Last summer before painting my home I sent emails and called them for a
client list that could be contacted. I had a thermal scan done on my home. I
was ready for a before and after product review. I got lots of claims but
not one customer that I could contact. No worries the scan was done by a
friend on the weekend. He has one in his company van.
My basic premise is if 20-40 mils of paint could insulate, then why is the
government not demanding that it be used in every new building? Why are not
the utility companies offering rebates for people to use the product. Like
they do for energy efficient products. Sure would be cheaper than building
new power plants.
Call your local utility folks and see what they say.
I used some of their stuff, for two different applications.
1) They sell a rust sealer primer, a liquid grey paint with
some of their spheres mixed in.
2) A bag of spheres, shipped dry, and added to the paint on
The application was some metal security bars and a stair rail
on the outside of a house. I was motivated to find a better
way to work around the rust/old paint problem because it took
me about three weekends to scrape, de-rust, black oxide, prime,
and top coat one bar set and I didn't want/have time for that
for every bar set (and I couldn't remove the stair rail).
I took two security bar sets to a pro to have them sandblasted,
hot-melt primered and hot-melt finish coated. (hot-melt == powder-
The stair rail I treated as if the product was really going to
work, so I did very minimal prep, no black oxide treatment.
I slapped on their primer (containing spheres), (one coat only,
but they recommend two) followed by one top coat which I mixed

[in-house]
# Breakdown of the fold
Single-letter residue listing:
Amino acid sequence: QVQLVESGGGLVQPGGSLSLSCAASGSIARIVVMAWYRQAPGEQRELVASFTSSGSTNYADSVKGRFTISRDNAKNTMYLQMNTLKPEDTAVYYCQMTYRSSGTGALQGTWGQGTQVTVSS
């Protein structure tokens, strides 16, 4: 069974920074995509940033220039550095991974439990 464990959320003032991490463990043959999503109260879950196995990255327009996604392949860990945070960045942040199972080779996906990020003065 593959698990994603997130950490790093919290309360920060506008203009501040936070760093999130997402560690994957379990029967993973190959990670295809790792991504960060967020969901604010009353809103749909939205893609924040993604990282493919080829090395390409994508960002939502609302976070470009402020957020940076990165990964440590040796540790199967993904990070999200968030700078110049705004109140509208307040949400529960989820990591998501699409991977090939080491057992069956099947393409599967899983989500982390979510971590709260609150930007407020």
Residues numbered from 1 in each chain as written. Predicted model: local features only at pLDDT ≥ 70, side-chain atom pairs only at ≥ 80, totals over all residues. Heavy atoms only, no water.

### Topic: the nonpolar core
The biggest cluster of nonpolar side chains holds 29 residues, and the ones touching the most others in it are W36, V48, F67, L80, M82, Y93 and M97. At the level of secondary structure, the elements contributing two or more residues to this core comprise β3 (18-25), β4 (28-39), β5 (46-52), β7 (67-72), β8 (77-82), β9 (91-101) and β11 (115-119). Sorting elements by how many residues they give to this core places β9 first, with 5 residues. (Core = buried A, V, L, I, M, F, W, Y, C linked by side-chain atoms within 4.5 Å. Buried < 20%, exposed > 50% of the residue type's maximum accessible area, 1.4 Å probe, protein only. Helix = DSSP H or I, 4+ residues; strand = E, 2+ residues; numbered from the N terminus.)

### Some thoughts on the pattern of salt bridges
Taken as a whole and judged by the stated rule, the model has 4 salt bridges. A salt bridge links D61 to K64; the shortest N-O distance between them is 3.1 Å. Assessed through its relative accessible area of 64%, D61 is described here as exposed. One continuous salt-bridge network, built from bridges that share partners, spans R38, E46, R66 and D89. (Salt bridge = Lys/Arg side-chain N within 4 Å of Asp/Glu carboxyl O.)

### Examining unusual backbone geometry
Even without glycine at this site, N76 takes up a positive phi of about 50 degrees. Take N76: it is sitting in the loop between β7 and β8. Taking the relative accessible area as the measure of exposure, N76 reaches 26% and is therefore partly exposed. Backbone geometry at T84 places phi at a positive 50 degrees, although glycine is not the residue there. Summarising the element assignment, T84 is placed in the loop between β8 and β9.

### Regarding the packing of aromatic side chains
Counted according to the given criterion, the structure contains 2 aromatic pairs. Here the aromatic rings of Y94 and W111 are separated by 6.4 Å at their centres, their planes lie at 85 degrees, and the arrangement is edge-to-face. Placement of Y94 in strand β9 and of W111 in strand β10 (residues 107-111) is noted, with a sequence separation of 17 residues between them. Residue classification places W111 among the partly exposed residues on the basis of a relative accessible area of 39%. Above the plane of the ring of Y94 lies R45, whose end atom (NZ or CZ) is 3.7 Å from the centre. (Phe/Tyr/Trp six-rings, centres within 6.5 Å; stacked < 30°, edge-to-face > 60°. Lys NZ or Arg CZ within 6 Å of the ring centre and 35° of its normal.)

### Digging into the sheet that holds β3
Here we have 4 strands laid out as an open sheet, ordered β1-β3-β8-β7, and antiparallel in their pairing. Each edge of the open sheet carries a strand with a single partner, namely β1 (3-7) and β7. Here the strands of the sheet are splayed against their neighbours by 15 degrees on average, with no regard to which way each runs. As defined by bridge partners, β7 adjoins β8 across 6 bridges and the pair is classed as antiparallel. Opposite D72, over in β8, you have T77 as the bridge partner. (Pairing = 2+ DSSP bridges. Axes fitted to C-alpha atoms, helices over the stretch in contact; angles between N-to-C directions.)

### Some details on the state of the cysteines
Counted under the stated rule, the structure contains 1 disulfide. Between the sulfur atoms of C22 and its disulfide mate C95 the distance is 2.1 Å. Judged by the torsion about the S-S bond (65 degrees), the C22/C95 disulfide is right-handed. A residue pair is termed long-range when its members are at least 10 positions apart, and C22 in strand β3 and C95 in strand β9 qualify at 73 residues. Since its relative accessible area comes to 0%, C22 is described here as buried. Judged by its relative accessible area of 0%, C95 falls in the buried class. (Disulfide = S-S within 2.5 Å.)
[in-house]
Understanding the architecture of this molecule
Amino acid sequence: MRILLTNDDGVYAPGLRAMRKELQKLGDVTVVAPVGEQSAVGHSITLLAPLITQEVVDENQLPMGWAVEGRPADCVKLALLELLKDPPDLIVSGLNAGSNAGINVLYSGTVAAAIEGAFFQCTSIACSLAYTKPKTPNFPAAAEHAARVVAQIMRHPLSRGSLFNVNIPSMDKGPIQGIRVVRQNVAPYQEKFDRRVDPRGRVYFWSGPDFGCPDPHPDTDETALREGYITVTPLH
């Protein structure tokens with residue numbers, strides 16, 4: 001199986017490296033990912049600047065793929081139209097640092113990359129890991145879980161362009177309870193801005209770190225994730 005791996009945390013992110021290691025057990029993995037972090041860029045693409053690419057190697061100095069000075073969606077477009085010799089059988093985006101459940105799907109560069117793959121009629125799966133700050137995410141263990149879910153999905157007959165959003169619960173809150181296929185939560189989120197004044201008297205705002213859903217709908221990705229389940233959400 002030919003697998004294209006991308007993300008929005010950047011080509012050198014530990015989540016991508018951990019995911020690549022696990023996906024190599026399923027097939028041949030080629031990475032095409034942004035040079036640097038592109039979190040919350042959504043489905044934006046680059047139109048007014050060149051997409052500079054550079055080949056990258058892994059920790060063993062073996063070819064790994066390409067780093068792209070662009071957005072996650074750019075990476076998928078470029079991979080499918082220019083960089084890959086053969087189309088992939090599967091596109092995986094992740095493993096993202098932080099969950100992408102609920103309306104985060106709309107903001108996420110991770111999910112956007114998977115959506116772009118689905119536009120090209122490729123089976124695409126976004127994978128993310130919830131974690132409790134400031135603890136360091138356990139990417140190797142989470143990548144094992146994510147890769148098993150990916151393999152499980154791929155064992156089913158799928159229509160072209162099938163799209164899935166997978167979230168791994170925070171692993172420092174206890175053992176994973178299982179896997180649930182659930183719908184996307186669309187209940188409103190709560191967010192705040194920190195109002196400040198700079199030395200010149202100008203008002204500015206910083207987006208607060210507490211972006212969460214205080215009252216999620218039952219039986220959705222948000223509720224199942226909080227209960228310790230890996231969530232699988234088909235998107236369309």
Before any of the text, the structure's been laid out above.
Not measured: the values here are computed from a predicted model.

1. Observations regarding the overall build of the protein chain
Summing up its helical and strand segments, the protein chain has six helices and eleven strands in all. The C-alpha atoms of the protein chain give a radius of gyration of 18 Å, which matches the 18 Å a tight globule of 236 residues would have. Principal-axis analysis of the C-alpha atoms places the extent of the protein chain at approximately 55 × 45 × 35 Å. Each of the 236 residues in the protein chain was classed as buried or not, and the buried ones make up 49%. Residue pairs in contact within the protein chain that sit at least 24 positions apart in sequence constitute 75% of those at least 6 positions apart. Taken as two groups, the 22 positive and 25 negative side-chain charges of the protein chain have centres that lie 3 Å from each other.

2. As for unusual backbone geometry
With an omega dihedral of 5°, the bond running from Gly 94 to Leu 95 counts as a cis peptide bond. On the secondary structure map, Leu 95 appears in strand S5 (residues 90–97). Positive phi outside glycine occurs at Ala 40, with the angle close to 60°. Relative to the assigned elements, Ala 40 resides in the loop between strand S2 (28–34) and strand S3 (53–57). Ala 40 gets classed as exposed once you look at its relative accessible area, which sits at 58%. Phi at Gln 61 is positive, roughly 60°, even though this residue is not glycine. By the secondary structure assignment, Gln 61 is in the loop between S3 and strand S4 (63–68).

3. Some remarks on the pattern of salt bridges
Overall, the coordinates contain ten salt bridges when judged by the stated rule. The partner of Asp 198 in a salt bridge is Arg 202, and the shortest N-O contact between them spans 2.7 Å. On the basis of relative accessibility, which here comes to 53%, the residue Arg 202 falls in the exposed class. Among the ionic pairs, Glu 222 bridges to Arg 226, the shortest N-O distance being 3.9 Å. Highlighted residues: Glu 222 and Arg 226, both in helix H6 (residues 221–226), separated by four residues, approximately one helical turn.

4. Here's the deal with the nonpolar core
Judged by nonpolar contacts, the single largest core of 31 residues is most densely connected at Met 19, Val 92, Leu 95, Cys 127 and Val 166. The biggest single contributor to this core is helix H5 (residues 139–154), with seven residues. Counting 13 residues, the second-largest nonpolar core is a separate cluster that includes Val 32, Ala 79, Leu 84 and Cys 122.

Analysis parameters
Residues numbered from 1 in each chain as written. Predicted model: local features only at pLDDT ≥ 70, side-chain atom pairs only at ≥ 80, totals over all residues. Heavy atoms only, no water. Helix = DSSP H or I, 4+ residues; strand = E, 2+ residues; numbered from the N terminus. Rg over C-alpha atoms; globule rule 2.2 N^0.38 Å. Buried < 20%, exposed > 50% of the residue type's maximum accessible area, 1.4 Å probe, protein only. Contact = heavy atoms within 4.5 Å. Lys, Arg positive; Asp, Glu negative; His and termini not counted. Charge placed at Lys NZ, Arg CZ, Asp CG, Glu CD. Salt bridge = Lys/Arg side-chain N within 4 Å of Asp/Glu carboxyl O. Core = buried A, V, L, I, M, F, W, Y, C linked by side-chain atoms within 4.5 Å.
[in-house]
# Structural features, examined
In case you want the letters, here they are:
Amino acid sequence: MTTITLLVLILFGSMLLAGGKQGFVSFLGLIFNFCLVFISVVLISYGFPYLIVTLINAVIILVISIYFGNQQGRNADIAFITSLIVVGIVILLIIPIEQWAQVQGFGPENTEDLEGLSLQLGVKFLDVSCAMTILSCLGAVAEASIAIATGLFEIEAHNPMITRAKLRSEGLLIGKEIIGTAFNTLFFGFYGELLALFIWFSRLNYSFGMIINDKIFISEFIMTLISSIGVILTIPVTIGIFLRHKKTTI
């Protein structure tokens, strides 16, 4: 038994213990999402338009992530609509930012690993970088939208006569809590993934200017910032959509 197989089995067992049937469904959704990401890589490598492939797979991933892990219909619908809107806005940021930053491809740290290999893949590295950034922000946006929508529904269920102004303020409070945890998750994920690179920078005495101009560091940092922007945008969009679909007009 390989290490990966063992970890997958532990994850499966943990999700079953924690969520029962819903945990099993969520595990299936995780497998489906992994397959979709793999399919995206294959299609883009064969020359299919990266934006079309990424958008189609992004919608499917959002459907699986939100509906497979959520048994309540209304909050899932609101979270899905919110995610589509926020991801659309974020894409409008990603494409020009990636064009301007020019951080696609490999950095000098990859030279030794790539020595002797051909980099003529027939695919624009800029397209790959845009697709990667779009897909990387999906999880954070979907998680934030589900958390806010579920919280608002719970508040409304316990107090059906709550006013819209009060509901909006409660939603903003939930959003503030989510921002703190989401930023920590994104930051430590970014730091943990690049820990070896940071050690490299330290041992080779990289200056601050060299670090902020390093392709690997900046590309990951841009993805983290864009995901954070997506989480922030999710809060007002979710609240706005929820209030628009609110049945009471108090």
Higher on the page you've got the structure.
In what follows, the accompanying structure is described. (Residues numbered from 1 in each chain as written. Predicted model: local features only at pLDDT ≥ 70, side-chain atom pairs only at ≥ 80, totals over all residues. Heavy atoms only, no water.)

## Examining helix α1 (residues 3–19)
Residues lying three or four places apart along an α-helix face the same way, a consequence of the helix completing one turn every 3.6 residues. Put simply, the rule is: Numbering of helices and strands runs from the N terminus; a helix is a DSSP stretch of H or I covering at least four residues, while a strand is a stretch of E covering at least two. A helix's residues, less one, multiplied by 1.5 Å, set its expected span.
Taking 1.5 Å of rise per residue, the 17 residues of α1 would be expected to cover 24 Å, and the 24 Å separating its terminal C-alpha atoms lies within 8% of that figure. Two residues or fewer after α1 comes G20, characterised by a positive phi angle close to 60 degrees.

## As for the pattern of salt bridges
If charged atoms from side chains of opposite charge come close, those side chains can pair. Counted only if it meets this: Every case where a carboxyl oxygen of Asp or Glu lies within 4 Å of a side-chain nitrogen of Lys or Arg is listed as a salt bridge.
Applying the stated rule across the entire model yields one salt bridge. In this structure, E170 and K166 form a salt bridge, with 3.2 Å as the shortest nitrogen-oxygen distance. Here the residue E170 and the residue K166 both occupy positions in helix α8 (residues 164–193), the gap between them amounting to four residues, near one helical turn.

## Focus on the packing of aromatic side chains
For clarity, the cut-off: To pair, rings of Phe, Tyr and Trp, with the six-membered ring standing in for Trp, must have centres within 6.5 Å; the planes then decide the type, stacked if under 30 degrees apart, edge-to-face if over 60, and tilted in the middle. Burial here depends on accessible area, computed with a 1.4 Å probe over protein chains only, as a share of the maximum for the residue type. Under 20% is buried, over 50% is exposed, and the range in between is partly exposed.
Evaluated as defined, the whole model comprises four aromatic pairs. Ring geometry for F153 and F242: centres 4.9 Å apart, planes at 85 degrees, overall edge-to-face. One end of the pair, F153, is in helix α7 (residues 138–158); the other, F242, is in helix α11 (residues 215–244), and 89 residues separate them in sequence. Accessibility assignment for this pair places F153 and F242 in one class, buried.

with some dry spheres.
Then we had the January and February rains, which brought us
to the third wettest season on record.
The bars I hand-treated with all the prep, prime, and coat
faired okay. There is some rust showing up on them again
(and since I used rust treatment *and* primer gray I don't
see how it could!).
The pro-treated bars finish looked the best, but plenty
of rust is showing through the surface now. I'm disappointed.
The stair rail is holding back the rust the best. I think
I can see a little brown-like coloring happening to the
otherwise white topcoat, but I can't see the obvious rust
coming up yet.
The finish is the least-professional of the three, as the
spheres look like I dumped some beach sand into the paint.
I don't care too much. I'm saying to myself, "Well, in
an emergency my hand will grip well to that handrail."
So, to recap: Their paint-onto-rust primer seems to work
well, provided you can tolerate a sand-like finish.
It may look expensive at first, but the labor it saves
more than pays for itself. I give it a thumbs-up.
I never believed that a thin layer of paint could ever
provide a high R-value, so I didn't buy the product for
The dry spheres are easy to ship but kind of pointless
to buy if you're looking for their special primer.
I guess I give them a Miss Cleo rating. Use them if
it makes you feel good.
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